The History of AC vs. DC

Just about every home and business is wired for Alternating Current (AC). However, the decision to use Alternating Current (AC), rather than Direct Current (DC), didn’t happen without a lot of trial and error. In the late 1880s, a variety of inventions across the United States and Europe led to a full-scale battle between Alternating Current and Direct Current.

 

In 1886, Ganz Works, an electric company located in Budapest, electrified all of Rome using AC. On the other hand, Thomas Edison, had constructed 121 DC power stations in the United States by 1887. A turning point in the battle between to use AC or DC came when the famous industrialist from Pittsburg, George Westinghouse, purchased Nikola Tesla’s patents for AC motors and transmission the following year.

 

DC could not easily be converted to high voltages, in the late 1800s. As a result, Edison proposed a system of small, local power plants that would power individual neighborhoods of city sections. Power was distributed using three wires from the power plant: 110 volts, 0 volts and -110 volts. Motors and lights could be connected between either the +110V or 110V socket and 0V (neutral). 110V allowed for some voltage drop between the plant and the load (home, office, etc.).

 

Using this method, power plants needed to be located within 1 mile of the end user, even though the voltage drop across the power lines was accounted for. This limitation is what made power distribution in rural areas extremely difficult, if not impossible.

 

Armed with Tesla’s patents, Westinghouse worked to perfect the AC distribution system. Transformers provided an inexpensive method to step up the voltage of AC to several thousand volts and back down to usable levels. At higher voltages, the same power could be transmitted at much lower current, which meant less power lost due to resistance in the wires. As a result, large power plants could be located money of miles away and service a greater number of people and buildings.

 

Edison’s plan to undermine the effectiveness of AC

Over the next few years, Edison ran a campaign to highly discourage the use of AC in the United States, which included lobbying state legislatures and spreading disinformation about AC. Several technicians were also directed, by Edison, to publicly electrocute animals with AC in an attempt to show that AC was more dangerous than DC. In an attempt to display these dangers, Harold P. Brown and Arthur Kennelly, employees of Edison, designed the first electric chair for the state of New York using AC.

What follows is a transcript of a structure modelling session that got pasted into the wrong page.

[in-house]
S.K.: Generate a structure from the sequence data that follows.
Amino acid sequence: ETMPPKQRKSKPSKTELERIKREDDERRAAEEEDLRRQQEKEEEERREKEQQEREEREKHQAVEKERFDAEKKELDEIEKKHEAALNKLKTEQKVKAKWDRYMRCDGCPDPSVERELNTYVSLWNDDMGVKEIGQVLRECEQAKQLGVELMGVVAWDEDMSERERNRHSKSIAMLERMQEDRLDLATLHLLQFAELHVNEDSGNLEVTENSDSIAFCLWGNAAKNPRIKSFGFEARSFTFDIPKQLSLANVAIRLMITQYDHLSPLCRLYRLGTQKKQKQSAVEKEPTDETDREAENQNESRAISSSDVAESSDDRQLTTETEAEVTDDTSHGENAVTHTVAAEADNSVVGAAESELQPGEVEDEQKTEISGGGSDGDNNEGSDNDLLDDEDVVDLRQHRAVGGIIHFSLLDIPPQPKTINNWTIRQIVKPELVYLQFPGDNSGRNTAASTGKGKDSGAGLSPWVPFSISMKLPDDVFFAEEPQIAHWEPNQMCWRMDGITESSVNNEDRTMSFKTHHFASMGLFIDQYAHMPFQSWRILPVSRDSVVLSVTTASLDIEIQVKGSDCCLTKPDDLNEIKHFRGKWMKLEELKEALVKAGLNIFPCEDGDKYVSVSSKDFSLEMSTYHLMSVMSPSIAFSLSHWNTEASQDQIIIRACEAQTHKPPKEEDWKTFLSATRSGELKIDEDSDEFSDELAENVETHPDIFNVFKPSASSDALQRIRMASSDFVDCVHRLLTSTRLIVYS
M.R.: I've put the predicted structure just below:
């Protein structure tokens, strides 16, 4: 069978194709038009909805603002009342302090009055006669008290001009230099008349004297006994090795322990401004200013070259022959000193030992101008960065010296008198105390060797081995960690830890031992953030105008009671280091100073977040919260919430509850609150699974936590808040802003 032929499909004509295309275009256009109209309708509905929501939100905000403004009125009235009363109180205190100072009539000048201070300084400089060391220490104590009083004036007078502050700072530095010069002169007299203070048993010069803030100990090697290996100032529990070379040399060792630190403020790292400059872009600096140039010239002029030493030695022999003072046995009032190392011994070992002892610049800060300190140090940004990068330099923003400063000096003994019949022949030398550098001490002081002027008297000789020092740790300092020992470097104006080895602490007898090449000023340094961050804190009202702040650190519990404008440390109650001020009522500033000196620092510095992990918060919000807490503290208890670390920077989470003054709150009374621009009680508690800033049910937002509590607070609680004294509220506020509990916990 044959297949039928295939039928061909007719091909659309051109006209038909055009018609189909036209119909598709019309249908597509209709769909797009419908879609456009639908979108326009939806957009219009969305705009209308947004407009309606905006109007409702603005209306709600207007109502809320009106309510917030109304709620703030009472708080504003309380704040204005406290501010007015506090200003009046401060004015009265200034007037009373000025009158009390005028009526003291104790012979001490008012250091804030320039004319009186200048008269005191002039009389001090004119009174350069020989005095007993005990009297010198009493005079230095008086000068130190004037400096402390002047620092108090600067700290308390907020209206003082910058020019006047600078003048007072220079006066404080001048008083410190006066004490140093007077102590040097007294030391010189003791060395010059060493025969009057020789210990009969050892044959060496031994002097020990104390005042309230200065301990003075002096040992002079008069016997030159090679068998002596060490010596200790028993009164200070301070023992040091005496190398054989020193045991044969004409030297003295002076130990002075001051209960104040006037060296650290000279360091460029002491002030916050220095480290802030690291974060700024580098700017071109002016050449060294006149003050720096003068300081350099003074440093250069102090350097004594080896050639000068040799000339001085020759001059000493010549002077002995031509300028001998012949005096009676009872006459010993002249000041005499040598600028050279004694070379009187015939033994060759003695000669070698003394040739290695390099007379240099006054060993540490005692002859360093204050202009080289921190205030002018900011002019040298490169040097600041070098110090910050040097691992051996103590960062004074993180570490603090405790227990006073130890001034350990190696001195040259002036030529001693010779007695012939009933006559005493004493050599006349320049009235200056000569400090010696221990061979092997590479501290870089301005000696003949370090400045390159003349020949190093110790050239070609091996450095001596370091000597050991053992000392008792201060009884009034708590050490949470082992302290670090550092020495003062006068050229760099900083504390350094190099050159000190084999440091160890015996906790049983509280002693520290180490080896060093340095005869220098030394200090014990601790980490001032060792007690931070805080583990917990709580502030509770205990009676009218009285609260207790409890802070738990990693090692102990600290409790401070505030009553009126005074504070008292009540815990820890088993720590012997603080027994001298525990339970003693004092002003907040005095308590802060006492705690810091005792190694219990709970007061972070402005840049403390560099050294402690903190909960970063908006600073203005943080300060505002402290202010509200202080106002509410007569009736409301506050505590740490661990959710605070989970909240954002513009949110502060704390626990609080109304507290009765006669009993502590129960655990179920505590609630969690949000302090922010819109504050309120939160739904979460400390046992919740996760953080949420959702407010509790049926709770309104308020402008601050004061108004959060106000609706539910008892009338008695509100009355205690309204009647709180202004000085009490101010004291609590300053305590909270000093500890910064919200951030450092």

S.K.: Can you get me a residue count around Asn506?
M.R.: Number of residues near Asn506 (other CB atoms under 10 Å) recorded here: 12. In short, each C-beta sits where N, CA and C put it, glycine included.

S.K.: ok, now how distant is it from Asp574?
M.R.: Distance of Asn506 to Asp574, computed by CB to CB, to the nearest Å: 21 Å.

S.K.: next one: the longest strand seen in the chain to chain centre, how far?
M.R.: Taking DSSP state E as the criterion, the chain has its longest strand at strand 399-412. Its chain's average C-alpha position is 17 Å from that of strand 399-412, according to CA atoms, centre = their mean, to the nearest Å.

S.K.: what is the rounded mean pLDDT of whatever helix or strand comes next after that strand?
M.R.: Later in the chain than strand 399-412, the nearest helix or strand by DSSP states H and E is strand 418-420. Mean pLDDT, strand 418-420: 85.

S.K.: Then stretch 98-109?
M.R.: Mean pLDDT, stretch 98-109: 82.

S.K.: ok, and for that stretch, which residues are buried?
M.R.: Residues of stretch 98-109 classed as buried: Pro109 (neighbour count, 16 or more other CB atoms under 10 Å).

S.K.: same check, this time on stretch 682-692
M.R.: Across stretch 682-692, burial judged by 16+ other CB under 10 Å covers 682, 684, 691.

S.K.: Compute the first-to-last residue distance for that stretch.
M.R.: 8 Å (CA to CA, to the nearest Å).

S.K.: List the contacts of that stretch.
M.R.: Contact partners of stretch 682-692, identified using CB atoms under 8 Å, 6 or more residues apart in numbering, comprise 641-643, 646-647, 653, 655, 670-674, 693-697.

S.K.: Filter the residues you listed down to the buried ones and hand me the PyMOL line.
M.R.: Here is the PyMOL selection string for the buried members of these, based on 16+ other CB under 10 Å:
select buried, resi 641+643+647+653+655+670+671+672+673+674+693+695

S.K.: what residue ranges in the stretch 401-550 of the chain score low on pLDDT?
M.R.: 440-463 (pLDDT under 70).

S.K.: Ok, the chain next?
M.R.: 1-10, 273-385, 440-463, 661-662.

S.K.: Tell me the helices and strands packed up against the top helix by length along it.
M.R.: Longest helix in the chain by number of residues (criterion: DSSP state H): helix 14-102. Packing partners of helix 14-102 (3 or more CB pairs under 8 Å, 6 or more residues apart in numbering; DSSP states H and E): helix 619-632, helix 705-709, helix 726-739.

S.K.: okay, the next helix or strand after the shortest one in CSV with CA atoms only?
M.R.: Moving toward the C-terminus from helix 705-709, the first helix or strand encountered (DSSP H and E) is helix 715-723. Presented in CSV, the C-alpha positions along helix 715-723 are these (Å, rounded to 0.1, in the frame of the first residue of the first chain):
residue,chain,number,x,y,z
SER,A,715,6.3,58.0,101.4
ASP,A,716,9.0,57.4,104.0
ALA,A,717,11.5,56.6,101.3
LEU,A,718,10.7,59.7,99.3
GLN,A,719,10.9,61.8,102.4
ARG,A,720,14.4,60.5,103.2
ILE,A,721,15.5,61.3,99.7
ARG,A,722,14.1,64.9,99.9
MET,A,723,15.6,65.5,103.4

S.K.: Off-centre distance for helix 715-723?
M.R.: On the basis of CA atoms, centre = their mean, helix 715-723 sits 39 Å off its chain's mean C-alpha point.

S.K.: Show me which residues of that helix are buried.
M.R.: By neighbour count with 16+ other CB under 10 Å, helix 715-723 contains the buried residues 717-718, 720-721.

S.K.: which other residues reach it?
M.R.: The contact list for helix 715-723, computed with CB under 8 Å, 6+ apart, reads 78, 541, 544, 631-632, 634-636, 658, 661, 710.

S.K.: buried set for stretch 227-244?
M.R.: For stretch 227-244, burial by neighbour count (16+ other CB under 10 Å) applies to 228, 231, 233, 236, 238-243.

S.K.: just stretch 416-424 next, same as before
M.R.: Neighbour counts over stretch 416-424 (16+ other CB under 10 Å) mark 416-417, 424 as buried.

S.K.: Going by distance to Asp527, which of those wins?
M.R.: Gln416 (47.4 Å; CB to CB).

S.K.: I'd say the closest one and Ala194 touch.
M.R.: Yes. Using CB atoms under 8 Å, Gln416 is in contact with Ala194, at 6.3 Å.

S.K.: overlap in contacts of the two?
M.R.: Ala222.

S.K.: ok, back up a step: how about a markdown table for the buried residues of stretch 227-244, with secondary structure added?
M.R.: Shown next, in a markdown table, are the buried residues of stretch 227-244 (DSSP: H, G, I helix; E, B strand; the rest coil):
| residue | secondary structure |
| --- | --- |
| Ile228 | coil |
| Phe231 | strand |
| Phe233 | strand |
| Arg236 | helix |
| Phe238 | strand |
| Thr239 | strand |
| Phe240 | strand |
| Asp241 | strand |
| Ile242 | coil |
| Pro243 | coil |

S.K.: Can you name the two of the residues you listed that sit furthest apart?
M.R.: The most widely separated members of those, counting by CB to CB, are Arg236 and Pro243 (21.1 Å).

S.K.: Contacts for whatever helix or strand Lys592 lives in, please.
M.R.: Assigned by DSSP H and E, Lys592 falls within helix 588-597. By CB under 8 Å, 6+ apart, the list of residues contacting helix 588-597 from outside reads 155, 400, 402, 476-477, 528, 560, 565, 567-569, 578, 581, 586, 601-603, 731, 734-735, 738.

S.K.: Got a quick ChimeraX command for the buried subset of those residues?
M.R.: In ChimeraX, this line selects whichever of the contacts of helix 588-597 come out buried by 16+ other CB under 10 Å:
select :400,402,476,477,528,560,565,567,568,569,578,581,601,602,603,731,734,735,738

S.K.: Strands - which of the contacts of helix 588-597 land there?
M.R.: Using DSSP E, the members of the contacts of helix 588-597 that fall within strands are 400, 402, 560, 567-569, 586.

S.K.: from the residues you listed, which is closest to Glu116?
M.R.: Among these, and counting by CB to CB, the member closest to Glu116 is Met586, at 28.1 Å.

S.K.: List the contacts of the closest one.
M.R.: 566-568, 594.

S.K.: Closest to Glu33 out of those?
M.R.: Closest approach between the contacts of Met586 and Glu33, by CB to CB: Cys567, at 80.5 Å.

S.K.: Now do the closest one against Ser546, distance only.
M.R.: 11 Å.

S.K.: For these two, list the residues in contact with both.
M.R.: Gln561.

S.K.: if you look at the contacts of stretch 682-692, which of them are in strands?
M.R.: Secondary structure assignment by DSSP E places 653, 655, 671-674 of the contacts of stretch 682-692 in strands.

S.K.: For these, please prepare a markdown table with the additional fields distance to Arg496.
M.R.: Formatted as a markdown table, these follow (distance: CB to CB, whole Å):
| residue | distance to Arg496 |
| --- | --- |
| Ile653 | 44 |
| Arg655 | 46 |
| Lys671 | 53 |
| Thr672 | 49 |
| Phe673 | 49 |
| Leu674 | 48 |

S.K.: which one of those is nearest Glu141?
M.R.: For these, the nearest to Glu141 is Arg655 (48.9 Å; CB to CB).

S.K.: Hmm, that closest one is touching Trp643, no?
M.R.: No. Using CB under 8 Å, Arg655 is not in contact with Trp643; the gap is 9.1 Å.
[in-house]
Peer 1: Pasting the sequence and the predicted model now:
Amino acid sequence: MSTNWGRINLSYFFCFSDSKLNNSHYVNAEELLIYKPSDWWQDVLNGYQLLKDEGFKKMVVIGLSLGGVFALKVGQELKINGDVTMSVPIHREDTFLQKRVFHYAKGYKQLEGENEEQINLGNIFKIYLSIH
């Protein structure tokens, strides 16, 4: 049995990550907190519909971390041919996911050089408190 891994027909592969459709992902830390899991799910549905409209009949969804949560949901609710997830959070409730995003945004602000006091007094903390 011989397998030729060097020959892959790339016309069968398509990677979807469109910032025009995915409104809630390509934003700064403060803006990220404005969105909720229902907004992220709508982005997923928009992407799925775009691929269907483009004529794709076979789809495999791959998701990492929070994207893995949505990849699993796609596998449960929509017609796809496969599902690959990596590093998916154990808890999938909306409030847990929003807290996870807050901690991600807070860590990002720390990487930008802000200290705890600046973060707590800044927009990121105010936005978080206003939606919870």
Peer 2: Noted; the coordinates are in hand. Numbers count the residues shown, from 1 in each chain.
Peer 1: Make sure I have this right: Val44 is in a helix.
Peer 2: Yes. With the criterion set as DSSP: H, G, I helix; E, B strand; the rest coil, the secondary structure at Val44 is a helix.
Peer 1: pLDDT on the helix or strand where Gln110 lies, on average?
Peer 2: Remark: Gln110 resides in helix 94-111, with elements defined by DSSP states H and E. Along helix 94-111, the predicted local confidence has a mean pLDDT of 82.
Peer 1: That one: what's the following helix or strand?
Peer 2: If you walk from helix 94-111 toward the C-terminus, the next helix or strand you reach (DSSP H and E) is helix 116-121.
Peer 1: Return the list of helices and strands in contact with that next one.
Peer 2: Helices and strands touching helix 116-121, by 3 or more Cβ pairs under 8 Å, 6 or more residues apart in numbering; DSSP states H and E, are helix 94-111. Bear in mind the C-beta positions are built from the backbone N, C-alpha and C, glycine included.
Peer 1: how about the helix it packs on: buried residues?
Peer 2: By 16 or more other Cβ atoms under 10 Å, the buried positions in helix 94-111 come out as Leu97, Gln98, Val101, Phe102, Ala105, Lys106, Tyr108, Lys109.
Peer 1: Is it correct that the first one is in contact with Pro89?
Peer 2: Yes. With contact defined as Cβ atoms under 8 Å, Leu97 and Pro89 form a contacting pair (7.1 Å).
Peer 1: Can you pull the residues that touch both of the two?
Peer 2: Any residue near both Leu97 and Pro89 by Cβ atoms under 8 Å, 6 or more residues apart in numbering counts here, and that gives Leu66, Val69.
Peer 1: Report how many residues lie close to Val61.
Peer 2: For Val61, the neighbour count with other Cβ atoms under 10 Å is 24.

The rise of AC

In 1891, the International Electro-Technical Exhibition was held in Frankfurt, Germany and displayed the first long distance transmission of three-phase AC, which powered lights and motors at the exhibition. Several representatives from, what would become General Electric in the future, were present and were subsequently impressed by the display. General Electric would form and begin investing in AC technology the following year.

 

In 1893, Westinghouse won a contract to build a hydroelectric dam to harness the power of Niagara falls and transmit AC to Buffalo, NY. The project was completed on November 16, 1896 and AC power began to power industries in Buffalo. This milestone marked the decline of DC in the United States. While Europe would adopt an AC standard of 220-240 volts at 50 Hz, the standard in North America would become 120 volts at 60 Hz.

 

High-Voltage Direct Current (HVDC)

Swiss engineer Rene’ Thury used a series of motor-generators to create a high-voltage DC system in the 1880s, which could be used to transmit DC power over long distances. However, due to the high cost and maintenance of Thury’s system, HVDC was never adopted for almost a century.

 

Transforming between AC and DC economically became possible with the invention of semiconductor electronics in the 1970s. Specialized equipment could be used to generate high voltage DC power (some reaching 800 kV). Parts of Europe have begun to employ HVDC lines to electrically connect various countries.


HVDC lines experience less loss than equivalent AC lines over extremely long distances. HVDC also allows different AC systems (e.g. 50Hz and 60Hz) to be connected. Despite its advantages, HVDC systems are more costly and less reliable than the common AC systems. Since AC and DC can coexist and each serve a purpose, in the end, Edison, Tesla and Westinghouse may have all had their goals met at the same time.

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